SR, do you really mean what you're saying when you say South Africa would have suffered even more without development aid ??? Seriously, the whole continent has been receiving development aid for 50 years now, and for what results ??? In the 1950's Africa was eating its fill and now it's by far no longer the case... On other forums, I've seen so many Westerners stating that Africa improved with Western aid. So shameless... It's obviously the opposite, precisely because of what you're saying: it does not come for free. Aid = Debt ! The "aid" is getting back North as quickly as it got South. A people should primarily rely on its own to develop, not on foreign aid, certainly when you think South Africa is rich on mineral resources. Besides you are saying that there's improvement while acknowledging that there's a high unemployment rate, would you really trade employment for better education? I mean before 1994 there was a 25% unemployment rate among black people (which was already very high), now it's 40% ...

    Looking back at my post, I did make the mistake of using foreign aid and foreign investment almost interchangably. Aid is a touchy subject I know, and while I agree that there is a lot wrong with development aid it is not the huge evil people make it out to be either. However, whatever their opinion about aid, most do agree that a country in our modern economy needs foreign investment to develop.

    About unemployment, yes that is a problem. But do keep in mind that we're currently in the middle of a crisis, which at the very least skews those data a bit. Using figures from 5 years back already gives a different picture. Plus, extracting natural resources is much less work-intensive than it used to be so naturally there are jobs lost there too. And as SA is too expensive for labour-intensive work, education really is the only way forward.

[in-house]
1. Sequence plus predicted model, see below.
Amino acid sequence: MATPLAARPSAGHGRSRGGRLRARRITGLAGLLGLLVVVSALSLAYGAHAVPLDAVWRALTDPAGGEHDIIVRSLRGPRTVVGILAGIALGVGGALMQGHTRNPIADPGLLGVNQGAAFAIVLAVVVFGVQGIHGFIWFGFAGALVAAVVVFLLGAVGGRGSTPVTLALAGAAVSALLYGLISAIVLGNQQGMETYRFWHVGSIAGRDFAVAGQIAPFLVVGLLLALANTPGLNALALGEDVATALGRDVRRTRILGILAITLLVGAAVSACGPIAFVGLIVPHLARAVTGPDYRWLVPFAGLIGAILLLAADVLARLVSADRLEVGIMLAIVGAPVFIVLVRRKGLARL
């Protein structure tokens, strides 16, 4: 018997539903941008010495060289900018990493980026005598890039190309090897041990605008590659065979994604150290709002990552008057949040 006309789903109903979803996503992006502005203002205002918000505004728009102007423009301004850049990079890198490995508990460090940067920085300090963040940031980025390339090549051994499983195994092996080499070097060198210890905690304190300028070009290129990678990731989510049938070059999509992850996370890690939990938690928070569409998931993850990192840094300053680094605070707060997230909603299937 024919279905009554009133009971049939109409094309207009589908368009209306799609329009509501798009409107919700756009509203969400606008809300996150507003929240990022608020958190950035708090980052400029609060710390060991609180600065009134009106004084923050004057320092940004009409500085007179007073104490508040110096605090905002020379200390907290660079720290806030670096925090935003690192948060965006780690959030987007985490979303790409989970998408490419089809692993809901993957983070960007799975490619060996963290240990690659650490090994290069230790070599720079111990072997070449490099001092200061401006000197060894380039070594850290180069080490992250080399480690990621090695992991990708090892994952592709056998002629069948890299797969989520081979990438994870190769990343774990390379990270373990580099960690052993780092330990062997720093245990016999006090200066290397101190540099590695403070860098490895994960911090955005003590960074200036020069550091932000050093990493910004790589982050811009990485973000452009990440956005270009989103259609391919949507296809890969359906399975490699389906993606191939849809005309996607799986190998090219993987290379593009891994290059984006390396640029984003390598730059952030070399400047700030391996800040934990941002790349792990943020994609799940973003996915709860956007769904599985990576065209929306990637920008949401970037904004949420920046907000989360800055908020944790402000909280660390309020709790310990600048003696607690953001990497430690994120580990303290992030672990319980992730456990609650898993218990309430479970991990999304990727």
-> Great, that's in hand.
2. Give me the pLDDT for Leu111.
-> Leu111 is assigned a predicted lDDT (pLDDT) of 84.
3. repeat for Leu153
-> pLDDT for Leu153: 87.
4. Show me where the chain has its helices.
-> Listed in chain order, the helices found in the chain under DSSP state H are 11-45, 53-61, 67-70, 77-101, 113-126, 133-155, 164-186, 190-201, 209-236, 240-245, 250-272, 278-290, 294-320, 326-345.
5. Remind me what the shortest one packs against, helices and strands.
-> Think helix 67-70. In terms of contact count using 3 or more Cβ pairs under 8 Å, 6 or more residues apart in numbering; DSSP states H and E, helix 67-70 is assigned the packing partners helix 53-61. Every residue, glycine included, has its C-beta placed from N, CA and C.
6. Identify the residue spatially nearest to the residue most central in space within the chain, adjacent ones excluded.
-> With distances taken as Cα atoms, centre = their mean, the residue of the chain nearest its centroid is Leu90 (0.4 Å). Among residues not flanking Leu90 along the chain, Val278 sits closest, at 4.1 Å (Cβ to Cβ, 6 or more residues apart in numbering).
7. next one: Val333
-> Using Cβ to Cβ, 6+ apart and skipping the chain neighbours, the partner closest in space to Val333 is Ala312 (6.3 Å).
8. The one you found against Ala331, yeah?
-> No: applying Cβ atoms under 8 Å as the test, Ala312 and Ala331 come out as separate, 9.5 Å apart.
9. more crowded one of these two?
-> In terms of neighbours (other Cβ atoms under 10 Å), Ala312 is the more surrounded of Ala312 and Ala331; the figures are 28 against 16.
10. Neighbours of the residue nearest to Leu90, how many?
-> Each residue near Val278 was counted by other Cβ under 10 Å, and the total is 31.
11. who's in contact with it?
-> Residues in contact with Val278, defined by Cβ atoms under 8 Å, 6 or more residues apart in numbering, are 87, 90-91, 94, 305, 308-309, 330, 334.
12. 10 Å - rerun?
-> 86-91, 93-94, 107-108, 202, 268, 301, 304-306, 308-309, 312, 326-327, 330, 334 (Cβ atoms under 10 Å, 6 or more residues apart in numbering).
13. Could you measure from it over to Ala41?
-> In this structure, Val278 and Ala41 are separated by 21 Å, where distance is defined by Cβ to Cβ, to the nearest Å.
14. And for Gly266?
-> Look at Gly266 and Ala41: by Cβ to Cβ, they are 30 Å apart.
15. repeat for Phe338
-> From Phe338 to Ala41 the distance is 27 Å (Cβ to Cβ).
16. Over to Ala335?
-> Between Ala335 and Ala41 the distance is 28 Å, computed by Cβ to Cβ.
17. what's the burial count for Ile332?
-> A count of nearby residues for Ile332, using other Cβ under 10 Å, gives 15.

I'd write a more extensive response, but don't have the time at the moment. Maybe later ;)
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  • Echoes

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    I wouldn't say emotion, rather respect. I see it as a suitable time when respect should be shown to that person and by demeaning the person logically respect isn't really shown.

    I'd feel uneasy if you think I am (deliberately?) lacking respect to a dead man. If it's about my having a little bit of fun on the other forum, it's strictly for the sake of black humor (typically British, I guess, though I know that Americans don't like it and I discovered it on those boards) and to take the opposite of the hypocritical World leaders' condolence parade that most of us despise, I think. But again if my post has been taken seriously, I'm really embarrassed.

    If it's about talking about the negative aspects of his actions, there are several reasons for my doing it but first you probably noticed that I talked about the positive aspects of it, too, I think he's been a courageous combattant for most of his life and should be respected as such but then he was elected President... I talked about his stance on the Congo wars because it's not known to many of us (I was long ignorant about it and I still don't know everything) in the North and I feel a bit strongly about it, since it's our former colony. Wars in Africa are never really covered by mainstream media here.